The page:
Properties go a-begging as households tighten belts

THE pandemic has resulted in permanent lifestyle changes with many households in Bahrain moving to smaller units, it has emerged.

Faced with salary deduction or job loss coupled with high utility costs, families have tightened their budgets this year resulting in a knock-on effect on the property market.

This was revealed in the latest Bahrain property report by global real estate firm, Savills, providing an overview of the impact of the pandemic on the office and residential rental markets.

It highlights how Covid-19 has ‘severely disrupted’ the economic landscape in Bahrain.

“Residential rental rates will continue to decline for the remainder of this year across apartment and villa projects with the high-end segment facing the most pressure,” said Savills Bahrain professional services head associate director Hashim Kadhem.



“This is mainly due to more households constricting their budget on the back of subdued economic outlook in addition to uncertainty surrounding employment in the private sector and salary reductions.”

He added that with many people working from home, it may lead to a rise in tenants looking for extra space for home offices and an increased focus on communal areas.

The report documents a high volume of freehold apartments that has entered the market over the past three years with a further 7,500 units expected in the next five years – “worsening the supply/demand imbalance”.

The report also highlighted that residential locations such as Saar, Janabiya and Hamala, which are preferred by employees working in the Eastern Province of Saudi Arabia, may be negatively impacted.

“The temporary closure of the King Fahad Causeway (since March) has left many based in Saudi Arabia for the period of the lockdown and not being able to access their residential unit for a few months.

“This could have a more permanent impact on the market dynamics both from an employer and employee perspective with a requirement to be located in the Eastern Province, causing a further supply and demand imbalance in the western areas of Bahrain.”

The report cites the example of new units in Janabiya available from BD250 per month inclusive of utility bills and rents in Harbour Heights for a new two-bedroom unit starting from BD500 per month all inclusive.

“During Q3 2019, apartments experienced an average year-on-year (YoY) rental price decline of 6.1 per cent against villas which recorded a decline of 4.3pc,” said the report.

“The low end of the market fared worse with year-on-year declines of 10pc and 9pc for apartment and villa segment, respectively.”

The high-end of the market experienced the lowest movement YoY with decreases of 2.6pc and 5.3pc for villa and apartment projects, respectively.

On the office sector outlook, the report said working from home has challenged the traditional office working formula.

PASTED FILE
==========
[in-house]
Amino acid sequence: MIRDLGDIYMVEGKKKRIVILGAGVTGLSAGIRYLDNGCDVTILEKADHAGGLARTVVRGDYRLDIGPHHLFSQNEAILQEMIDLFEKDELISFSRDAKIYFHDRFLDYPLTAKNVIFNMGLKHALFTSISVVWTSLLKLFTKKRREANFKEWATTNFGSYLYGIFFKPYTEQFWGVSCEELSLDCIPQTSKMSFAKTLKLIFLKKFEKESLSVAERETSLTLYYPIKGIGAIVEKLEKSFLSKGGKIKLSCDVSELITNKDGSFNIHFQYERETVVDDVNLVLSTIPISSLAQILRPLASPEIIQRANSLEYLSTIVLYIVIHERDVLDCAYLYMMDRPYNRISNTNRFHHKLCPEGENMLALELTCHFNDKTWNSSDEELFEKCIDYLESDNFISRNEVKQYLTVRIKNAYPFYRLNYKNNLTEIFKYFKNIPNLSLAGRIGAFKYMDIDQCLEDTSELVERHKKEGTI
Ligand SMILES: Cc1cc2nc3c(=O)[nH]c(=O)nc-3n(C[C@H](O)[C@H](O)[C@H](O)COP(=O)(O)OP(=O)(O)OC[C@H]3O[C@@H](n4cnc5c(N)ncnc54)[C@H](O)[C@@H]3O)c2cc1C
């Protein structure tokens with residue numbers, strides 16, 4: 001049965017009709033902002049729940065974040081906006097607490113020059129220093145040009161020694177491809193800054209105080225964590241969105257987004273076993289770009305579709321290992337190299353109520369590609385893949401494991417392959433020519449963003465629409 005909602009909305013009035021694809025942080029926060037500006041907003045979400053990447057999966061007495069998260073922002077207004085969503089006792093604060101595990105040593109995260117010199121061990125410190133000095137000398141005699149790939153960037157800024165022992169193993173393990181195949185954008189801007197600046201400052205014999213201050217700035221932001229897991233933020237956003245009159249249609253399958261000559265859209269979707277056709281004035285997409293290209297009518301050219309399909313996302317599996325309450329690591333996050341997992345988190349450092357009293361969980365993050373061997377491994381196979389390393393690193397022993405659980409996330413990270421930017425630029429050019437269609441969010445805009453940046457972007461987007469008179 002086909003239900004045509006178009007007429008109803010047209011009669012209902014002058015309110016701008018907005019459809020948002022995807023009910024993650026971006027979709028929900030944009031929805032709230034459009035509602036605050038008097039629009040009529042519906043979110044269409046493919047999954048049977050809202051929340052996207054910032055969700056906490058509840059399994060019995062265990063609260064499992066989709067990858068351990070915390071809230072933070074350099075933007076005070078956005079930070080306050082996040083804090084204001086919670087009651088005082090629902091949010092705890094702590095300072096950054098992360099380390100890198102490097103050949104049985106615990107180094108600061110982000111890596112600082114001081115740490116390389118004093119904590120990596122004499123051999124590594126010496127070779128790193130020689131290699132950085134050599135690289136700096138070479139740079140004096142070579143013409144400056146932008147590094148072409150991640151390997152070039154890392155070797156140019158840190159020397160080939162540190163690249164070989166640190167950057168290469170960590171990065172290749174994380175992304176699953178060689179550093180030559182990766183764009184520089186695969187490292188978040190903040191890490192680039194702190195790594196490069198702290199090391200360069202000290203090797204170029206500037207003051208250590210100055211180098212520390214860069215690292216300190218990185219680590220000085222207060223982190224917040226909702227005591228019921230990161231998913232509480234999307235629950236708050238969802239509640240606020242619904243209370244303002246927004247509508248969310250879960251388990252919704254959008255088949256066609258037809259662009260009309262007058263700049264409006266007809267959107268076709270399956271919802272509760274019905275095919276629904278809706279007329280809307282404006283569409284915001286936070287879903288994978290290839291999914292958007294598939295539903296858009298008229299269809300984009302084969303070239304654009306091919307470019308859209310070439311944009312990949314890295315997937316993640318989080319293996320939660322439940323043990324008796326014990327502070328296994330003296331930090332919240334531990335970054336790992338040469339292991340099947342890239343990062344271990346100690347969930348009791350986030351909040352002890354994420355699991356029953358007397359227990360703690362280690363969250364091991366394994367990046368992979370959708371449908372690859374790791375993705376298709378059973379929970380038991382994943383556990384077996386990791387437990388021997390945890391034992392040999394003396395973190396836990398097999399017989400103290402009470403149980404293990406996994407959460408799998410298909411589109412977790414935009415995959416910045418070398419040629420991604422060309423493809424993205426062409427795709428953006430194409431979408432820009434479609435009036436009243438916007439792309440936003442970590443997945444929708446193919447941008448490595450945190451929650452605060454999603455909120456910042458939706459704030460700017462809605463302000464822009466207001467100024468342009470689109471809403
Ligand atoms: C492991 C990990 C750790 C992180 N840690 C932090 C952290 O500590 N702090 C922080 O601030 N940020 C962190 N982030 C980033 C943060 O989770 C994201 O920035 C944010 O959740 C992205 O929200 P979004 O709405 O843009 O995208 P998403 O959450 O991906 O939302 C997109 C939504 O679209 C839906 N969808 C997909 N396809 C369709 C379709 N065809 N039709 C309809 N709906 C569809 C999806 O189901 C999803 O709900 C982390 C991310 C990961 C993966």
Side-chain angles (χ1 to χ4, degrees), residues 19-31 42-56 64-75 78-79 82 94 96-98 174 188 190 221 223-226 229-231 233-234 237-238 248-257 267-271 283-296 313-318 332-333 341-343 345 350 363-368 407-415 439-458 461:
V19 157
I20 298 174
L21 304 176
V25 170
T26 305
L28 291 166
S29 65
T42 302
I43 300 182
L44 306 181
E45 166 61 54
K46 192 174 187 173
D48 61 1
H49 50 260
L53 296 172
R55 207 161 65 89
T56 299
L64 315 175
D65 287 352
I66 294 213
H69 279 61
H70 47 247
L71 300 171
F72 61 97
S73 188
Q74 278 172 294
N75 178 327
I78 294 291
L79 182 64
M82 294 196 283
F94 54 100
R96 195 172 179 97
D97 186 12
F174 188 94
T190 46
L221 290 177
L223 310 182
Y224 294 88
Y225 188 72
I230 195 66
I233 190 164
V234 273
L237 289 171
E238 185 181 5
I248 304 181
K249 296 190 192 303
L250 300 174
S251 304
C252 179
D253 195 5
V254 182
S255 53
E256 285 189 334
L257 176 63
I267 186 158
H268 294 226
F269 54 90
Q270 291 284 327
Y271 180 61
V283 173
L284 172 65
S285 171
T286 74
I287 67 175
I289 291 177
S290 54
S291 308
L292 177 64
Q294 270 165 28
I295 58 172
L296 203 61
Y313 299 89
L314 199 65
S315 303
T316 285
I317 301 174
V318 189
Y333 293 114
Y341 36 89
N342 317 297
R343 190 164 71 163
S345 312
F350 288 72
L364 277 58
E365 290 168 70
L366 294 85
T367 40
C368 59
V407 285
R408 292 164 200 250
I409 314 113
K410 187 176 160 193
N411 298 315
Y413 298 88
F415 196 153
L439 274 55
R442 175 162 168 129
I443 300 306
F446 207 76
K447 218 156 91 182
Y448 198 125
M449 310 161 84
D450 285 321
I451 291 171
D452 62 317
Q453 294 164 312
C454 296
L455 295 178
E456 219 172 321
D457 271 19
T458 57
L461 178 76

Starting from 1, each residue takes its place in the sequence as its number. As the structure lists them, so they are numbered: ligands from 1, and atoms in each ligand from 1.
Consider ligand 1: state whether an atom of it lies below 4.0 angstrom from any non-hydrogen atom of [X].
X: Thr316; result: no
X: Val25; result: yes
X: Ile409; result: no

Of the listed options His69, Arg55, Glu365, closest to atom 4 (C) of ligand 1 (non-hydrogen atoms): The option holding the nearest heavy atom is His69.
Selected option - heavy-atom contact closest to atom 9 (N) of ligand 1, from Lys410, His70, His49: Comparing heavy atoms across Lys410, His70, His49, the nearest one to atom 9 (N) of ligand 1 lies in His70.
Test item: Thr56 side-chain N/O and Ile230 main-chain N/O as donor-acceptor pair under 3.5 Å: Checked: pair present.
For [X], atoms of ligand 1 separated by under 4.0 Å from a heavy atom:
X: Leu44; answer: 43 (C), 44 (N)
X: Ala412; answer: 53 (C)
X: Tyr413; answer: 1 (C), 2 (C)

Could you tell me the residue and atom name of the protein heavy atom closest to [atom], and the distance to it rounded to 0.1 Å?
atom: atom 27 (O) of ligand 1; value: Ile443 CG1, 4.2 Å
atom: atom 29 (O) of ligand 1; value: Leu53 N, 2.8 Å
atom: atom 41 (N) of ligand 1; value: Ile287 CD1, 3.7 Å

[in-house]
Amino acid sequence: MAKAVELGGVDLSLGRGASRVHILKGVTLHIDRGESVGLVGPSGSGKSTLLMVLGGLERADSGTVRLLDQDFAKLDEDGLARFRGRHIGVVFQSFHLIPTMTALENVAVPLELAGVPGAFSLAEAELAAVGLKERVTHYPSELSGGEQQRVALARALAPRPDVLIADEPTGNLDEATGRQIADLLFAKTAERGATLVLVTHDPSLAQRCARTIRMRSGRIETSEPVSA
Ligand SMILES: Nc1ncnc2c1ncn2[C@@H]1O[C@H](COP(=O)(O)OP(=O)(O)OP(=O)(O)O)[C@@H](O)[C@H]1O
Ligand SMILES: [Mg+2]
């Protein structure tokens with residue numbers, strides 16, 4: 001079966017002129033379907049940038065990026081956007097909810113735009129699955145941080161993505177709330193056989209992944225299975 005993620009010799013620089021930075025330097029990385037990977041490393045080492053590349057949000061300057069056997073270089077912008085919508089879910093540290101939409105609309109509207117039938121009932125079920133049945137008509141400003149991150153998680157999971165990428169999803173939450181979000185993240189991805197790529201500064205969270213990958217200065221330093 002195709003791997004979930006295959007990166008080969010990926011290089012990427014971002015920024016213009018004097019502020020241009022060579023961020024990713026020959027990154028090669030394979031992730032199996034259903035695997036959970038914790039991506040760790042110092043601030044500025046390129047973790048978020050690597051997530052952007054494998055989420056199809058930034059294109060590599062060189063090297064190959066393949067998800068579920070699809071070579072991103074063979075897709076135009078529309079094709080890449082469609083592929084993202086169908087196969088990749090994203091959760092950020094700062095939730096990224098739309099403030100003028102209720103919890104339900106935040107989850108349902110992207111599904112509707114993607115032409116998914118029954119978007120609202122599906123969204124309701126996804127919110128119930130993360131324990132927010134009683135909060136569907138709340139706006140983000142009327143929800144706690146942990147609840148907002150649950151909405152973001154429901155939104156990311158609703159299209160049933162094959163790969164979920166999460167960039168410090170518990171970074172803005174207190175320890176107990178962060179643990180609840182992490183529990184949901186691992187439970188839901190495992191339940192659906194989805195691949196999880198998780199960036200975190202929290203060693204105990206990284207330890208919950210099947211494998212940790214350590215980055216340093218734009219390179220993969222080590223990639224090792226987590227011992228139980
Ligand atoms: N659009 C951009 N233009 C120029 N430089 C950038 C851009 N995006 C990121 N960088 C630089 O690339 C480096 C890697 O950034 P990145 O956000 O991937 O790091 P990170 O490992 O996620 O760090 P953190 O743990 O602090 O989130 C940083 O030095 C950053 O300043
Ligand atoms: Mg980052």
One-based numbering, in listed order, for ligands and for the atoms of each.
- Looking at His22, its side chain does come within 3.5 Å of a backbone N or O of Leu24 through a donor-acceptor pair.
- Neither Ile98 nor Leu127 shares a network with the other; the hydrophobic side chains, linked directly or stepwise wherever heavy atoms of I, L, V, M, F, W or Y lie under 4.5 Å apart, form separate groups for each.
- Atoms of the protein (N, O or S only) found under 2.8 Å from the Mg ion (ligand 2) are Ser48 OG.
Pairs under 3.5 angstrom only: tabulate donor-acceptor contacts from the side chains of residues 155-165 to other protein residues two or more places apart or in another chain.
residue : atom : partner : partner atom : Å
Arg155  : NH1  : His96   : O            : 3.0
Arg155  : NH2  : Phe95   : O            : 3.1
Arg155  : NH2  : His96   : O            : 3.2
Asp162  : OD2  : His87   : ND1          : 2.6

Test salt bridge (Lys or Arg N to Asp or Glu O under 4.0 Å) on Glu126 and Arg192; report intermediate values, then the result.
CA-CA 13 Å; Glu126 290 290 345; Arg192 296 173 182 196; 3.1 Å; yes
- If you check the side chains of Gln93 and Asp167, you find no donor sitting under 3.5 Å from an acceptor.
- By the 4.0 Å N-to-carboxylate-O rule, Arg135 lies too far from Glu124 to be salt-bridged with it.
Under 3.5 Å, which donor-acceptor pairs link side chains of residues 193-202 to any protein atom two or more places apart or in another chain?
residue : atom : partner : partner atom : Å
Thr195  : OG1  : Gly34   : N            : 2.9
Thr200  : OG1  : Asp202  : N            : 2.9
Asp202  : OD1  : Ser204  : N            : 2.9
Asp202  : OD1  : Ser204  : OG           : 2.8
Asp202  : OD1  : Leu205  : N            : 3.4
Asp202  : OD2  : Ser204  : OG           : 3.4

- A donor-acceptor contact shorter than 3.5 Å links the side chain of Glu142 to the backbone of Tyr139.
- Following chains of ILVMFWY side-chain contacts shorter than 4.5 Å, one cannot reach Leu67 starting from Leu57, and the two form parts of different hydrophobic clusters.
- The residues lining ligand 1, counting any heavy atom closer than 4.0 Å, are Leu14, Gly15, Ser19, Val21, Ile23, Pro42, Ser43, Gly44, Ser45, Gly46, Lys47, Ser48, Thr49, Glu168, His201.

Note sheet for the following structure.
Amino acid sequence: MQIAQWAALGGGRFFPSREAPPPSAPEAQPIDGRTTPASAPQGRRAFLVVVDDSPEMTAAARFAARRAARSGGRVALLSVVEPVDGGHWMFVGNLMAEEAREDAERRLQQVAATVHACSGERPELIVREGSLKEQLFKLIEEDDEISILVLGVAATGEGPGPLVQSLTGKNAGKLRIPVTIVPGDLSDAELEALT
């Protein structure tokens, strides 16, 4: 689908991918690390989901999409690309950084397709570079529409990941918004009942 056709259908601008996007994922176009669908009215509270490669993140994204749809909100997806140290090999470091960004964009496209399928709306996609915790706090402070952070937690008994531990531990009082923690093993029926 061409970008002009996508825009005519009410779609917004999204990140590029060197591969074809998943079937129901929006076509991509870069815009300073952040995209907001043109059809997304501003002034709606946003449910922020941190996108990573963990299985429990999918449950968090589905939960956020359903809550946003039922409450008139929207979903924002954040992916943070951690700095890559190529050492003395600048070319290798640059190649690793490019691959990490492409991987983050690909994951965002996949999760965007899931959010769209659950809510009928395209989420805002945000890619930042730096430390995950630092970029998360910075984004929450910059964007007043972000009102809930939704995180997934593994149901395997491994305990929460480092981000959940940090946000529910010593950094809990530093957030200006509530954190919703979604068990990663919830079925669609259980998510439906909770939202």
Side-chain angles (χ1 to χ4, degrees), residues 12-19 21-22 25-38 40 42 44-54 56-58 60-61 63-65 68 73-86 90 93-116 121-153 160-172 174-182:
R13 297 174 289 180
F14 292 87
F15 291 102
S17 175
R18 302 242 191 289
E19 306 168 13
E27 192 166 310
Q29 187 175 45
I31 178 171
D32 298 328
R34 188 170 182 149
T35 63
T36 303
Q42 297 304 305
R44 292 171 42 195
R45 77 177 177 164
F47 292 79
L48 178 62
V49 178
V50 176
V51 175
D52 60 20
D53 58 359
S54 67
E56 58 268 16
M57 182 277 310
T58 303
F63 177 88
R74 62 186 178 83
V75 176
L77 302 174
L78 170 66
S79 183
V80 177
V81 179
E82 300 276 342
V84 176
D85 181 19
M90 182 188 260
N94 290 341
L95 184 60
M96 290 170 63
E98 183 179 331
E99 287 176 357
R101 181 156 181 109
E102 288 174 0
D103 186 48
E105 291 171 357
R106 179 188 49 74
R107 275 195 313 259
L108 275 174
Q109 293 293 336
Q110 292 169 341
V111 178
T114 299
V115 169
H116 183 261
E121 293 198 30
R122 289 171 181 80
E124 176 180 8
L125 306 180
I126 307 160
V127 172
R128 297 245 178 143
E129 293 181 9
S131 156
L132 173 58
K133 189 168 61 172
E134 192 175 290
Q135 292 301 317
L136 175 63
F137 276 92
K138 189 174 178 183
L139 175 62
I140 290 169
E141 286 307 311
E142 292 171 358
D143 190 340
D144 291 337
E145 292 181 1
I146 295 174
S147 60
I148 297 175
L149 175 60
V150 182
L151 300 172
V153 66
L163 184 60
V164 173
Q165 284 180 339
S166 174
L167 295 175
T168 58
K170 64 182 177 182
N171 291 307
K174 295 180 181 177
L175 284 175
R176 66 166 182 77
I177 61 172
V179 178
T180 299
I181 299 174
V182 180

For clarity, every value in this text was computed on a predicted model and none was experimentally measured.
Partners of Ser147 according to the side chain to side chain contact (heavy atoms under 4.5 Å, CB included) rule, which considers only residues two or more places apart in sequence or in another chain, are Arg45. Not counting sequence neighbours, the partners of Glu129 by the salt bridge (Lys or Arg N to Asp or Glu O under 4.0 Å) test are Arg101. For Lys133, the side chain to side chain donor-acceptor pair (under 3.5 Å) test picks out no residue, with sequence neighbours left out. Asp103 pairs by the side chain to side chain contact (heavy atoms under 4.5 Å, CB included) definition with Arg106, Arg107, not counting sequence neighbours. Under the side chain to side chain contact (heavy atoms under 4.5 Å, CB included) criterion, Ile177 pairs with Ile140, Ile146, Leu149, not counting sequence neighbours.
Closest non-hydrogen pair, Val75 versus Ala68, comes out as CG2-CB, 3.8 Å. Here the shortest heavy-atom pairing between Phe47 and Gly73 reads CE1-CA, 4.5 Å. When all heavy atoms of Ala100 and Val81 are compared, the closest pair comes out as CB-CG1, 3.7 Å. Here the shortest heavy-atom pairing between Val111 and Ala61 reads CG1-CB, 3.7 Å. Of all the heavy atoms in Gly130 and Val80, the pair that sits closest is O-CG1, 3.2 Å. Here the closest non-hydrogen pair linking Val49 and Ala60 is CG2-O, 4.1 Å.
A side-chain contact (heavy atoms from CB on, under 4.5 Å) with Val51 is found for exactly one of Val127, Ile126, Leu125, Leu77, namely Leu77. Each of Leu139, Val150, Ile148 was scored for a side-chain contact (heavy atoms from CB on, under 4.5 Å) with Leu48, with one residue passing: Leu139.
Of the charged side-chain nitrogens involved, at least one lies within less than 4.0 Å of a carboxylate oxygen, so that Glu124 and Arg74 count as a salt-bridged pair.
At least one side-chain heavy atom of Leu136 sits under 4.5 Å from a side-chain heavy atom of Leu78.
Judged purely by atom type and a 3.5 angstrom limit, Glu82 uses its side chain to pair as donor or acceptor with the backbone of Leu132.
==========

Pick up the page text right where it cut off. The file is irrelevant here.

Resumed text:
“Low-end offices have struggled to compete the most with a 10.1pc rental price decline YoY in the third quarter of the year,” stated Savills Research Middle East associate director Swapnil Pillai.

“It must be noted that the lower end of the market has witnessed rental rates similar to those offered in the industrial market which highlights the stress level the market is facing.

“Low-end offices recorded a marginal increase of 0.1pc whereas the mid-end segment recorded a price decline of 4.3pc for the same period.”

Furthermore, the analysis said a series of steps taken by Bahrain so far this year to offset the Covid-19 impact includes salary assistance for Bahrainis in the private sector, covering utility bills for all subscribers, deferment of loans, waiving government fees and other support funds.

“The support provided by the government throughout this period has reinforced that Bahrain is business-friendly and a great start-up location for international players planning to enter the GCC market.”

The report concludes with a series of outlooks such as developers and landlords offering further incentives to attract buyers and tenants, decrease in demand for sprawling office suburbs and work-from-home resulting in collective family living.

An average of 6,000 foreign workers lost their jobs in March and April due to the Covid-19 impact on businesses, and that number is believed to have increased since then.

More than 4,000 applicants, including Bahrainis, impacted by the global health crisis have so far registered on which aims to connect employers in the private sector with people seeking employment.

In addition, figures released for the second quarter of the year showed a 4pc drop – more than 20,000 in 12 months – in the number of non-Bahraini Social Insurance Organisation contributors, from 456,840 to 477,741 workers last year.




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